Math department seminar: Cinco de Maya: A Crash Course in Maya Mathematics

Title: Cinco de Maya: A Crash Course in Maya Mathematics

Abstract: May 5th is commonly known as Cinco de Mayo, a date in Mexican history that commemorates their victory over the French empire at the Battle of Puebla in 1862. To honor the occasion, we’ll be discussing the mathematical achievements of one of Mexico’s oldest civilizations, the Maya, who lived in southern Mexico and central America as early as 4,600 years ago.

In this crash course, we will introduce the Maya numeral system, which is simple enough to only require three symbols, yet powerful enough to represent large numbers easily and efficiently. We’ll observe how to perform basic arithmetic operations in their system (such as addition and multiplication), as well as how to extend their system to capture mathematical ideas that the Maya may have never used (such as rational and real numbers). Then, we’ll broaden our scope and take a brief tour of numeral systems throughout history and around the world, looking at their motivations, benefits, and disadvantages. By studying these numeral systems comparatively, we can improve our understanding of our own system of numbers, appreciate what makes the Maya system unique and useful to this day, and gain a deeper understanding of civilizations and cultures, past and present. Also, if time permits, we will see what makes the number 252 special.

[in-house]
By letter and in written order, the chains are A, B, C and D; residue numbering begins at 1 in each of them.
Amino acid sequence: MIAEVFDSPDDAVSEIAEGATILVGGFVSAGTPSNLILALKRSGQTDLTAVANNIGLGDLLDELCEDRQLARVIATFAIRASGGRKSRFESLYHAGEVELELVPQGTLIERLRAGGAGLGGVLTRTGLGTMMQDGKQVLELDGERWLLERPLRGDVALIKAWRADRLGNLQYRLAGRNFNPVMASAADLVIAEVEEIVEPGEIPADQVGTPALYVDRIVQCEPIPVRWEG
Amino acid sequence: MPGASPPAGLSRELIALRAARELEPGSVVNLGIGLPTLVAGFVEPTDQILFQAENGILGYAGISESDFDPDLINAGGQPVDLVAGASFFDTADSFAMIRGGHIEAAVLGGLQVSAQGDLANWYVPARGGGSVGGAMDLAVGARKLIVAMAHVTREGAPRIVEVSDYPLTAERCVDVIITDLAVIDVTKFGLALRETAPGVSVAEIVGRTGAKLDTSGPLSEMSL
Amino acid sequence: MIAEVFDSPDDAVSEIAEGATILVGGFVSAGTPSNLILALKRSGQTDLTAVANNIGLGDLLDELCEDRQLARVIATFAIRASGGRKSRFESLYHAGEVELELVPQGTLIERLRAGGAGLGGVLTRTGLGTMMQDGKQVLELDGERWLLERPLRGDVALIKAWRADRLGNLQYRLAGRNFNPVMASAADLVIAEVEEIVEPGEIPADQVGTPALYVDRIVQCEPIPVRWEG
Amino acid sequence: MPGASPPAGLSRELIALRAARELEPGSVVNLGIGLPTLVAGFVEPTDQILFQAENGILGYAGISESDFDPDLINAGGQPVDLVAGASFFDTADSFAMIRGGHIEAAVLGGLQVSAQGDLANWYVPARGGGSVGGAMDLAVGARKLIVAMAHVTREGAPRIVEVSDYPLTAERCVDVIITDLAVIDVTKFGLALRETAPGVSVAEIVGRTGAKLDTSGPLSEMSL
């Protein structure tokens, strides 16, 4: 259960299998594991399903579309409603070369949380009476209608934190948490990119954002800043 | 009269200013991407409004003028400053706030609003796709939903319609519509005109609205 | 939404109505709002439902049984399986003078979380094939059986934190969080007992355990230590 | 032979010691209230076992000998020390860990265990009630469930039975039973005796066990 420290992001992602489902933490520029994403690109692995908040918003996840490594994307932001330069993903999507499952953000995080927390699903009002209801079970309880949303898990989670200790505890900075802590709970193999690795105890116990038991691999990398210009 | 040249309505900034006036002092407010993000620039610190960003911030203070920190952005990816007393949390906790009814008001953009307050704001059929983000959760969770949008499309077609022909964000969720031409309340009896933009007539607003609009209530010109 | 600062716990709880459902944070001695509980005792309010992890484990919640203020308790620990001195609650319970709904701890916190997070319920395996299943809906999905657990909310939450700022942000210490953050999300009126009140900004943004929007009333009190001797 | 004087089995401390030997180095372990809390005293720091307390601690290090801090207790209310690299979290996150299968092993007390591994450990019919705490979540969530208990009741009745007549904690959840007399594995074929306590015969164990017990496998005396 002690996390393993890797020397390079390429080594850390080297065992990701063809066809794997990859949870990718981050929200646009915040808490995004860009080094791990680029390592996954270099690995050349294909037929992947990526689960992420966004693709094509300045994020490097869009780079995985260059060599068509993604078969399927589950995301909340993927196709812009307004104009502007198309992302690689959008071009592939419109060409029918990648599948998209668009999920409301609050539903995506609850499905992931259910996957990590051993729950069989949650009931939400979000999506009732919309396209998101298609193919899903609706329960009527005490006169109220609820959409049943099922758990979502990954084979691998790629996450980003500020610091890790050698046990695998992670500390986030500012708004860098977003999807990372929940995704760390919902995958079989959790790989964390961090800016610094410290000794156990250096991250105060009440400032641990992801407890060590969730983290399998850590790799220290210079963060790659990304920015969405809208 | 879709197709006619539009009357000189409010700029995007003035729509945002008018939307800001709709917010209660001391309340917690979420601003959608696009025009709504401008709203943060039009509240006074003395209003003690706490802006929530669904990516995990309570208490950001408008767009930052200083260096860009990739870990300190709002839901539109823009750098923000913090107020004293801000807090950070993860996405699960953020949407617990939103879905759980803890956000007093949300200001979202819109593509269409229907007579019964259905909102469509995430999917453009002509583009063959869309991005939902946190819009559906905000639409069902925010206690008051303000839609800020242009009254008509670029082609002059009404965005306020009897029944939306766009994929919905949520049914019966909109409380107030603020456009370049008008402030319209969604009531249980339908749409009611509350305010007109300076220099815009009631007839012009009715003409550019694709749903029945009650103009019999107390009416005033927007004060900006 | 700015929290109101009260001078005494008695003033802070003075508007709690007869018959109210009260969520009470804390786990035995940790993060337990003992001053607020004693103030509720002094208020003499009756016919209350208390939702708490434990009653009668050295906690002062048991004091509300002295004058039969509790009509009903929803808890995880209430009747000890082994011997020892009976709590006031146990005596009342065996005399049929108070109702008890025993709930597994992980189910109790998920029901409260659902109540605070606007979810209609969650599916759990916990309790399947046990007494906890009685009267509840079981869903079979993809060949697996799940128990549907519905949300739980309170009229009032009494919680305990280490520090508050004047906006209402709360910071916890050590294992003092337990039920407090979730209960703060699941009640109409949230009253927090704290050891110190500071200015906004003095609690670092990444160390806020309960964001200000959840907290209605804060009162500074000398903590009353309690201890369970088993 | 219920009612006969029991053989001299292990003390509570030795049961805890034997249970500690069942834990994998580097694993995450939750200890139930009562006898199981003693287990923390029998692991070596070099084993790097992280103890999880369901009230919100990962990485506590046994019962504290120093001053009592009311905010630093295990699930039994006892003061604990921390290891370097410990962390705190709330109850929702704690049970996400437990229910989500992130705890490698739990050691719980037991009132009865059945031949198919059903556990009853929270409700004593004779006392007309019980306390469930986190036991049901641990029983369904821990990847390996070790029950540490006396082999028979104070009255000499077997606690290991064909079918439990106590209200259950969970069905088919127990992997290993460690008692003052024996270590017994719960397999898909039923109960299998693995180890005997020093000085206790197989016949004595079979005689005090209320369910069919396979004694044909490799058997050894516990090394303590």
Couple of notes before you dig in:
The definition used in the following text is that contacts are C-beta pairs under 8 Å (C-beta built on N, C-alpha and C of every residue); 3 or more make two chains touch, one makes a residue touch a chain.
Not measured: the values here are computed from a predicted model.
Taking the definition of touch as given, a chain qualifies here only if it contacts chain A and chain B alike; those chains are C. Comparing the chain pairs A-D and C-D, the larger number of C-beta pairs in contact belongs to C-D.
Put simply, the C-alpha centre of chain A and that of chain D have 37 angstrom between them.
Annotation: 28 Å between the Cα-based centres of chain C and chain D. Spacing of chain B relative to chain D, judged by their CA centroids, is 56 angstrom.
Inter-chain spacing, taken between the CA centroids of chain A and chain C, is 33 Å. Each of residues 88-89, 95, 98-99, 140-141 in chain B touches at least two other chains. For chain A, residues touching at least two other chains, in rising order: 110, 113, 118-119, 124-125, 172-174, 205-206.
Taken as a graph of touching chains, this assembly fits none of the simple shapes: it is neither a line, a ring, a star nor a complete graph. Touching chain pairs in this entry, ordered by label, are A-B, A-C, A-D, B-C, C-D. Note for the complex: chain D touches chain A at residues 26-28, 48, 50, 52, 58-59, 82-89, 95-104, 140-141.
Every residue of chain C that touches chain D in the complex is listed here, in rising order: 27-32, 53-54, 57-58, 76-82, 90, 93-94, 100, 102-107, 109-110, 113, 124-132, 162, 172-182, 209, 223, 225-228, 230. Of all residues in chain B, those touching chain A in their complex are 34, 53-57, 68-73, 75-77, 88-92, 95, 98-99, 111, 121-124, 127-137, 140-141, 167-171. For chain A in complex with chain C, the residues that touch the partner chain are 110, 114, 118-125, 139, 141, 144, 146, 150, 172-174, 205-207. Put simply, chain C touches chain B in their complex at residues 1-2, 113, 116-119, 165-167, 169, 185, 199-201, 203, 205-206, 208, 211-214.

Speaker: Hakim Walker, Harvard University

 This talk is intended for people of all mathematical backgrounds. No prerequisite knowledge is required.

Please contact Dr. Johanna Franklin at for the Zoom information.

Wednesday, May 05, 2021





Zoom Link
Online, NY 00000


Johanna Franklin

Phone: 516-463-5739

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